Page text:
Just as recently as twenty years ago, professional tennis could make little impression on the American sporting public. When they went to see tennis at all, it was to attend the major amateur events, such as the Newport Invitational and the championship matches at Forest Hills. In 1957 Mal Andersen beat Ashley Cooper at Forest Hills before a good crowd with the usual attendant coverage from newspapers and television. Hoping to cash in on the tennis interest being generated at the time, a troupe of professionals held a round-robin tournament a few weeks earlier. The tournament featured Pancho Gonzales, Frank Sedgman, Bill Trabert, Ken Rosewall, Lew Hoad, and Pancho Segura. These men were demonstrably the best tennis players in the world at the time, and yet the tournament was a flop which lost money, playing to empty seats. Today, when a major tournament featuring Borg, Jimmy Connors, John McEnroe, and Roscoe Tanner could fill the Rose Bowl, it is perhaps difficult to understand the public’s reluctance to show. The problem, essentially, was that the professional tennis players never played for anything except money. Professionals were banned from all amateur tournaments, and there never was a large supply of top-ranked professionals who were sufficiently well organized to establish their own meaningful tournaments. Their counterparts in professional golf shared an American tradition reaching back to 1895. Walter Hagen could reap headlines and a generous income from winning the British Open, the U.S. Open, the P.G. A., and dozens of lesser tournaments along the way. But the finest professional tennis player of the 1950’s could not be the champion of anything. All he could do was travel from one town to the next, staging exhibition matches. There was considerable suspicion that those matches were just that; exhibitions of no more significance than a wrestling card at a local fight arena. Although there is no evidence that any important matches were actually fixed, there was some justification for suspicion. The percentage each player was to receive was generally established by contract before the beginning of the season. While compiling a winning season might be useful in negotiating the following year’s arrangements, it was of little immediate importance. And there were times when “entertainment” values superseded considerations of competitive sport. After “Gorgeous Gussie” Moran made a splash at Wimbledon wearing lace panties under her tennis dress in 1951, she was immediately signed to join the Riggs-Kramer tour with a guarantee of $35,000 and a percentage of the gate. Pauline Betz, a former U.S. and Wimbledon champion, was brought out of a three-year retirement and paid a regular salary to play straight woman to Gorgeous Gussie. Unfortunately, Miss Betz was still a crackerjack player, and although she was under instructions from Riggs to “keep it close,” she gave a nightly thrashing to Miss Moran in a series of lopsided matches no one’s panties could have made interesting.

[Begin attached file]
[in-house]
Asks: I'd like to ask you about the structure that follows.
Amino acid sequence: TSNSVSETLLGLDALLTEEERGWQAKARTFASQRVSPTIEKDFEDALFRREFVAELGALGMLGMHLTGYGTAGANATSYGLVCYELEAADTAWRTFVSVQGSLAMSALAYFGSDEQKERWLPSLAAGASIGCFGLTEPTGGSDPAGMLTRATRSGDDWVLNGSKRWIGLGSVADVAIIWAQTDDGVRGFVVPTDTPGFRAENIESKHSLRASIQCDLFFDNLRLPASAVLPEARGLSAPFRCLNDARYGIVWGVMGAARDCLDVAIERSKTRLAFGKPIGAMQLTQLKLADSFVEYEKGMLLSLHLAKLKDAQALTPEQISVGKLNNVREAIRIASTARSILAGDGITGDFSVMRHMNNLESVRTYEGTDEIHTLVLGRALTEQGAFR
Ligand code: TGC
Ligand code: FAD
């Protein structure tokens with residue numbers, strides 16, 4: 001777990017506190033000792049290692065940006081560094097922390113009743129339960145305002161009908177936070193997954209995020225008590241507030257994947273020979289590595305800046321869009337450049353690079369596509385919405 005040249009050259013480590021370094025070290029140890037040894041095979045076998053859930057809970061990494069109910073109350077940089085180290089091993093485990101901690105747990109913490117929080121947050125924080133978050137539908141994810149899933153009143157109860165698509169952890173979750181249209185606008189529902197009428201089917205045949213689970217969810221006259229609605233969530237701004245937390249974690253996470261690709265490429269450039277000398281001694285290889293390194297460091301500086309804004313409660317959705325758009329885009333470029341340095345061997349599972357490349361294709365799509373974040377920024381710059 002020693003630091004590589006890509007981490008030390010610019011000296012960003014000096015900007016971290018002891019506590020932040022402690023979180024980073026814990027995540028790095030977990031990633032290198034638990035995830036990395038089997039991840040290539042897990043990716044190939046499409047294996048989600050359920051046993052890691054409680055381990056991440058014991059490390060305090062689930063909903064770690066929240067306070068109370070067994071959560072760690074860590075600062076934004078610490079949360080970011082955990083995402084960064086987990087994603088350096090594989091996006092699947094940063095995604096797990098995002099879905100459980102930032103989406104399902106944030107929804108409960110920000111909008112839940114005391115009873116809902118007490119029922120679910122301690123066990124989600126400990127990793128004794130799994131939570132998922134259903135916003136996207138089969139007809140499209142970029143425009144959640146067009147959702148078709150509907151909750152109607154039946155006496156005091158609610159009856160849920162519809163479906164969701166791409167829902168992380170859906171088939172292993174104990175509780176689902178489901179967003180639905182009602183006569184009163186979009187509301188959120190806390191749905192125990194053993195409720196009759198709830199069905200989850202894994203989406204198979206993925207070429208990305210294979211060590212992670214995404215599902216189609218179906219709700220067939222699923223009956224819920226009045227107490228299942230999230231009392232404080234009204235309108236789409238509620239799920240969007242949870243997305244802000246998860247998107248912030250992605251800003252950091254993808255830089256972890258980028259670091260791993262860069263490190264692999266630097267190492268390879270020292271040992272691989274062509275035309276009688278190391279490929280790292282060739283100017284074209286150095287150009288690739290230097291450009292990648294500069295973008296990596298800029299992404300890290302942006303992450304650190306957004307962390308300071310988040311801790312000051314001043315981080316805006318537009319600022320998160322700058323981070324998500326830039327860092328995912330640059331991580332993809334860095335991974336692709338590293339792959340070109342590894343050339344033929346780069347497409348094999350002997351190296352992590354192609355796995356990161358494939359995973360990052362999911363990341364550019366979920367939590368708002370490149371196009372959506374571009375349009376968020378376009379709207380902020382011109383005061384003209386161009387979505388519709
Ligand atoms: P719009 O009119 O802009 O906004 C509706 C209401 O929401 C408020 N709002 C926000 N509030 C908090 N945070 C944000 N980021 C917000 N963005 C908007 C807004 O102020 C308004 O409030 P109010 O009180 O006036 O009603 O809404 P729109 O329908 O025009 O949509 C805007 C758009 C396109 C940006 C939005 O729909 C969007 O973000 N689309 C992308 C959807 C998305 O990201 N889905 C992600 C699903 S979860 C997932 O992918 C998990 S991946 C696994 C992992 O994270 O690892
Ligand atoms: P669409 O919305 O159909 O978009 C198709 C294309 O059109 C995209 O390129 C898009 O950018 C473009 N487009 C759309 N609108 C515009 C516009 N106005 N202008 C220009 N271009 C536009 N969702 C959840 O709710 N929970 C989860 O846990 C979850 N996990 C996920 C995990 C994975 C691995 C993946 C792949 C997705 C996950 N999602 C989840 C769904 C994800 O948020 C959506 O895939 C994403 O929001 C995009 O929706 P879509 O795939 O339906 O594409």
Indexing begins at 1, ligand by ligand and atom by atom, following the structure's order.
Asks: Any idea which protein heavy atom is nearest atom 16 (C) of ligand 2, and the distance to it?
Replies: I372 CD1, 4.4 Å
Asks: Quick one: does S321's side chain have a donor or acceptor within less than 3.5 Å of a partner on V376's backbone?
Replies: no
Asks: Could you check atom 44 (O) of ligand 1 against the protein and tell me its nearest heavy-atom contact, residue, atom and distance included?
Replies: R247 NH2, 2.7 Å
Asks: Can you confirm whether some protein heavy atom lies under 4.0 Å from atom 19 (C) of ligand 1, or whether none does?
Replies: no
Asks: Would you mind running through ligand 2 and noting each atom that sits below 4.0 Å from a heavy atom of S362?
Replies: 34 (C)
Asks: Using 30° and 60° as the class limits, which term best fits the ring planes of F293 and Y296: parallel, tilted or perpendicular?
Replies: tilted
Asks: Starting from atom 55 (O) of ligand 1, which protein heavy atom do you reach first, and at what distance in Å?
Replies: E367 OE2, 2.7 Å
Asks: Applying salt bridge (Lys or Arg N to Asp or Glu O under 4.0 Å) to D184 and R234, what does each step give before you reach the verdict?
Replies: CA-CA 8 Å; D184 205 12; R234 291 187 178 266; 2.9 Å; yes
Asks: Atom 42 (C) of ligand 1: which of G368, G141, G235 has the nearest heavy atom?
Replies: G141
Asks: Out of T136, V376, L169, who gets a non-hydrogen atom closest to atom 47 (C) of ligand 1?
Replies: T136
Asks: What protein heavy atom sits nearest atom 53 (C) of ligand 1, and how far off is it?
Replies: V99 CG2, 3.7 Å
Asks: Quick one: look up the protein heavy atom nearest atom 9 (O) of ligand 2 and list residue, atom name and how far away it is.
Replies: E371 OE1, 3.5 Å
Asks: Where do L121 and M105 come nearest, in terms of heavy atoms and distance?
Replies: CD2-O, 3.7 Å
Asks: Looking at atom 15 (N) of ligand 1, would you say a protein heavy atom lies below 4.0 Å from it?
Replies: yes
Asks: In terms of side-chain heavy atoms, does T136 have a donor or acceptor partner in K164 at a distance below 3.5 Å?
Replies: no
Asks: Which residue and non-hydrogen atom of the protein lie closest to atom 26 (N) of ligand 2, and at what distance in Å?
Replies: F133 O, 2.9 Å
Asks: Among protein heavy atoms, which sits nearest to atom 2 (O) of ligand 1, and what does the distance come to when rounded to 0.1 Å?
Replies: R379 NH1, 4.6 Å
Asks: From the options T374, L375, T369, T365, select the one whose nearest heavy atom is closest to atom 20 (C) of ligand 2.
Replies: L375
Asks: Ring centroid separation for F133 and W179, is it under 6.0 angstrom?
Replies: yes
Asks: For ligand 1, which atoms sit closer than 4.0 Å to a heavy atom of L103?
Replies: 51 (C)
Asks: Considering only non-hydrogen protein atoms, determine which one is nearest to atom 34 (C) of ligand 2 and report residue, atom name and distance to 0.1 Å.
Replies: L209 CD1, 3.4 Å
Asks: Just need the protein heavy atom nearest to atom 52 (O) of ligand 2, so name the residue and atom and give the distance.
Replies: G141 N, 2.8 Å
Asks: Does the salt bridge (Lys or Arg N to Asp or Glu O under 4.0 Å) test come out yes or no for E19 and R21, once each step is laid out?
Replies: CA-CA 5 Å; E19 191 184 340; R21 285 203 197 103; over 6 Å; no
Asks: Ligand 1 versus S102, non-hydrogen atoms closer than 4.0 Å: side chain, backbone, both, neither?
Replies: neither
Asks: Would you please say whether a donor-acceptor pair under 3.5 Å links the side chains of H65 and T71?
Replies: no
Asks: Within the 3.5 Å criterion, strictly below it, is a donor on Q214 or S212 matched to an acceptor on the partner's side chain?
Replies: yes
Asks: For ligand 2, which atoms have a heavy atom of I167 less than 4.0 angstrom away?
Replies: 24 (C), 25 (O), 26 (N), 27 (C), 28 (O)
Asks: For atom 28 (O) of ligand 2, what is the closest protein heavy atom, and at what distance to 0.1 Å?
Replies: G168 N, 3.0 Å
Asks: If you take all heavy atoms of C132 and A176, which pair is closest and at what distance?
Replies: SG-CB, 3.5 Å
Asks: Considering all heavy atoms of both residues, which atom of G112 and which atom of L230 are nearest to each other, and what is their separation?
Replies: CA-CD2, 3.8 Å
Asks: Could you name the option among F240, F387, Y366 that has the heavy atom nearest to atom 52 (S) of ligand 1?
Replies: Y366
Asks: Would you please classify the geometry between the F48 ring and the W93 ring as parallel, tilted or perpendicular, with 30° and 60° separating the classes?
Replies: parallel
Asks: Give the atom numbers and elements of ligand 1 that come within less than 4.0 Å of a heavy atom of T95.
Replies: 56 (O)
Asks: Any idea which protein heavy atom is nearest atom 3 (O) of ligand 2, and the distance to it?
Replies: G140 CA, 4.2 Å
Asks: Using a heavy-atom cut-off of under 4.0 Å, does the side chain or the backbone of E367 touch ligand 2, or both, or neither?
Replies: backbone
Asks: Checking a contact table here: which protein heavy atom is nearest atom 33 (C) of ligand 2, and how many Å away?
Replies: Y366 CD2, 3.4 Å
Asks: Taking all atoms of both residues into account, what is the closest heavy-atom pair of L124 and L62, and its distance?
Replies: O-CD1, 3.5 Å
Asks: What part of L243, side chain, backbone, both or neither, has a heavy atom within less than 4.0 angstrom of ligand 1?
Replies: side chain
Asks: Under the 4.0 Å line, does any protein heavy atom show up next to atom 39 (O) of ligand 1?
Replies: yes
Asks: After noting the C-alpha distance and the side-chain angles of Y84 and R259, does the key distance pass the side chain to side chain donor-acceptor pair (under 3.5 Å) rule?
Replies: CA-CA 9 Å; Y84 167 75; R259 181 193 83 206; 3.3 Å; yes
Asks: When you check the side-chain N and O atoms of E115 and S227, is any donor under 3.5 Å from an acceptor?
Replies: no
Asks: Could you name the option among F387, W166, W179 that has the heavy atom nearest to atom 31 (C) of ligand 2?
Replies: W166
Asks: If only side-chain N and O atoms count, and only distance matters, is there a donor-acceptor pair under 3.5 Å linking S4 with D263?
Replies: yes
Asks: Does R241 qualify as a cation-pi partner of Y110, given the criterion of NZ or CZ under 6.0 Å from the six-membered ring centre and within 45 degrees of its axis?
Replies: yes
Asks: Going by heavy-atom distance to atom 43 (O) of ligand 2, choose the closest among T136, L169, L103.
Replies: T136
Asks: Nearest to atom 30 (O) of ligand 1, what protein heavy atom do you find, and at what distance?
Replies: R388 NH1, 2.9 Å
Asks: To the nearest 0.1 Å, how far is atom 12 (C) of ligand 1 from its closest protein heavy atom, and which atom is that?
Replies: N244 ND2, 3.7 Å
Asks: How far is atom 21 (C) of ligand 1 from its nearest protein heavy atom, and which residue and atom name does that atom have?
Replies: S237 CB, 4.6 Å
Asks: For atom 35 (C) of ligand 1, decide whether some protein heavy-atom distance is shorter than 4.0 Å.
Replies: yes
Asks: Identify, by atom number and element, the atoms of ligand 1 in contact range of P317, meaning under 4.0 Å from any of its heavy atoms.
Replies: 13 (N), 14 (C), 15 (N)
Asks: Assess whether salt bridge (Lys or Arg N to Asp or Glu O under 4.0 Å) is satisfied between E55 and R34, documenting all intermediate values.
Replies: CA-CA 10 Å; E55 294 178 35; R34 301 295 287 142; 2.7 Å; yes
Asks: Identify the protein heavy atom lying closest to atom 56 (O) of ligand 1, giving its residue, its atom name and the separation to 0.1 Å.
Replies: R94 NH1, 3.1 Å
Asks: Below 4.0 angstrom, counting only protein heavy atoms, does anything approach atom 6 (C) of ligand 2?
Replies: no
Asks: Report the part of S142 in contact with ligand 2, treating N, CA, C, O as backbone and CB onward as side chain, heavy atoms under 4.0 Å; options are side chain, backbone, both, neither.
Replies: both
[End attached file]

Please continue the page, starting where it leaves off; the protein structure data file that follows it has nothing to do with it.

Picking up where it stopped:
Up until the 1960’s, the United States Lawn Tennis Association had done a remarkably effective job of stemming the tide of professionalism by employing a particularly heavy-handed version of the carrot-and-stick approach to amateur tennis. The stick was a swift and arbitrary way of dealing with amateurs who might be straying from virtue’s thorny path. In 1947 Miss Betz, the strongest woman player of the immediate postwar period, was summarily dismissed from amateur tennis and banned from all tournament play when the USLTA heard she was even discussing the possibility of turning professional. The carrot was a practice known in tennis as “shamateurism,” the practice of paying amateurs under the table. The system was an old one, and Suzanne Lenglen was one of its earliest and most effective practitioners. Her system was to have a tournament promoter “bet” her a thousand pounds she would not show up. Suzanne would arrive for the tournament, pocket the wager, and go out and play. “Betting” became a popular method of paying amateurs. Sometimes the procedures were no more complicated than a player betting a promoter he could jump over his tennis racquet. Often the amateurs were rated much like the professionals and paid accordingly, with cash-filled envelopes left in their lockers marked “Expenses. ” The USLTA turned a blind eye to all of this. But the system became such an accepted procedure that in 1965, The New fork Times ran an article on Australia’s Roy Emerson, identifying him as the “best paid amateur” in tennis. The article, which pointed out that Emerson was living so nicely as an amateur that he turned down a professional contract of $85,000, caused hardly a stir. Everybody in tennis already knew about it.